City AM 3rd June 2020 read more »
As radioactive projects go, little beats Sizewell C: the nuclear monstrosity planned for the Suffolk coast. The sirens are already going off on economic and environmental grounds. But it’s the post-pandemic politics that give this scheme an extra Ready Brek glow. And, specifically, around Britain’s relations with China. The architects of the project are France’s EDF and China’s CGN: the duo behind the exploding costs of the £22.5 billion Hinkley Point C. Yes, once again, CGN is the junior partner, providing only 20 per cent of the funds for the 3,200MW plant at Sizewell. But the first two nukes are meant to be the route to a bigger prize: a two-third stake in the scheme to build another reactor at Bradwell in Essex, this time using China’s own HPR1000 technology. Is Britain really going to hand China that sort of role in safety-critical energy supply after all that’s gone on lately? China’s just imposed a new national security law on Hong Kong in blatant contravention of the 1997 handover deal: a provocation that’s left Boris Johnson with “no choice” but to offer almost three million of its residents the chance to obtain UK citizenship. China is warning Britain to “step back from the brink”. Of course, Britain needs economic ties with China. But for vital infrastructure? Sir Iain Duncan Smith gets lots of things wrong. But the former Tory leader is right on this: Sizewell is “the next Huawei”. The PM’s decision to give the Chinese telecom group a limited role in our 5G network is already jeopardising talks over a US trade deal. And, even if the man proving himself unfit to be US president loses the election, the Huawei problem may not go away. Sizewell adds a fresh complication. And for what? A nuclear plant that shouldn’t be built anyway. How many examples does the government need that big nuclear reactors, with their guaranteed cost overruns and vast clean-up bills are last-millennium technology? Hinkley itself? France’s Flamanville? Finland’s Olkiluoto? Toshiba blowing itself up with Westinghouse? Fukushima? Centrica failing to find a buyer for its stakes in existing plants? Yes, it’s too late to stop Hinkley, even if the government needs to review the role of CGN. But, with wholesale energy prices down to £25 per megawatt hour, the ‘leccy from Hinkley isn’t getting any cheaper: a rapacious, index-linked £92.50/MWh in 2012 prices. Offshore wind developers have signed up for projects at £39.65/MWh in the same prices. And the costs of wind, solar and battery power are falling. True, Sizewell is slated to provide seven per cent of our electricity — and you can’t rely on the wind and sun every day. But, if we must have nuclear power in the mix, Britain has a solution: small modular reactors, the sort being developed by Rolls-Royce, the aerospace outfit that urgently needs new lines of work. Far more deserving a case than China’s CGN.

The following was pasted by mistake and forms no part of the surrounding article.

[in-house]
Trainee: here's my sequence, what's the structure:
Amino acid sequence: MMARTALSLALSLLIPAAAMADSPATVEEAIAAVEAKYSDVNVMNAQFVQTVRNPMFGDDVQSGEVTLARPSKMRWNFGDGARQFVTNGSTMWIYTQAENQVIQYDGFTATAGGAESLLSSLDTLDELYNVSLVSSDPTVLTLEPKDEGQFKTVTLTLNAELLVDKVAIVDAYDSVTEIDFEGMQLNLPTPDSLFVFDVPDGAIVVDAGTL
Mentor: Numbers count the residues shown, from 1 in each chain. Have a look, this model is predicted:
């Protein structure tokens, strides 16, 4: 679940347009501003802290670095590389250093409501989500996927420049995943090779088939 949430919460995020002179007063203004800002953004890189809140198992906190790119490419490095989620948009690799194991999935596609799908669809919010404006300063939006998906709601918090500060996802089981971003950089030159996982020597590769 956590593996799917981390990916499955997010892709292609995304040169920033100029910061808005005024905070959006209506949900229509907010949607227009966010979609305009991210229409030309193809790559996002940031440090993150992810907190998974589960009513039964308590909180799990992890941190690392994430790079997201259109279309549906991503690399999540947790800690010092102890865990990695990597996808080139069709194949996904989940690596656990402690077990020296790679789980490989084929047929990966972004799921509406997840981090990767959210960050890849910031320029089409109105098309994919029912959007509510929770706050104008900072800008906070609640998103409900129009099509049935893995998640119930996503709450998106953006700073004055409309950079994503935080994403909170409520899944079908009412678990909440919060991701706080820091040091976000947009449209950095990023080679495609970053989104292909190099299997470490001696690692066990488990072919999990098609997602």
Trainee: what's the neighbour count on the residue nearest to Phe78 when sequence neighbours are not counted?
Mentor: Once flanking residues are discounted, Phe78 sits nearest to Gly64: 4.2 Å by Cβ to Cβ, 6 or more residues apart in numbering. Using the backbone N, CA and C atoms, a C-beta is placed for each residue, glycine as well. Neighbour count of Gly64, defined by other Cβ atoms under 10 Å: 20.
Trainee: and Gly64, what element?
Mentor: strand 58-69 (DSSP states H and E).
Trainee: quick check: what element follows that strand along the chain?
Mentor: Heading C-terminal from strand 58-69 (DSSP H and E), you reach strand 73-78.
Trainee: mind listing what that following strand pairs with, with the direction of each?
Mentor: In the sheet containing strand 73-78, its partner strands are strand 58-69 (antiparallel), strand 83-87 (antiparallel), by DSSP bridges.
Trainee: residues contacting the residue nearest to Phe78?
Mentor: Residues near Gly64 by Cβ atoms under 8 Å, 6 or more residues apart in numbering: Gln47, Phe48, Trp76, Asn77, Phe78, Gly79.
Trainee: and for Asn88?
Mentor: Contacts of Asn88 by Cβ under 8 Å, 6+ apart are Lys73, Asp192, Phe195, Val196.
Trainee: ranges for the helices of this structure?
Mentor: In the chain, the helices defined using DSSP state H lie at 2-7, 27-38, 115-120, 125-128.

Times 4th June 2020 read more »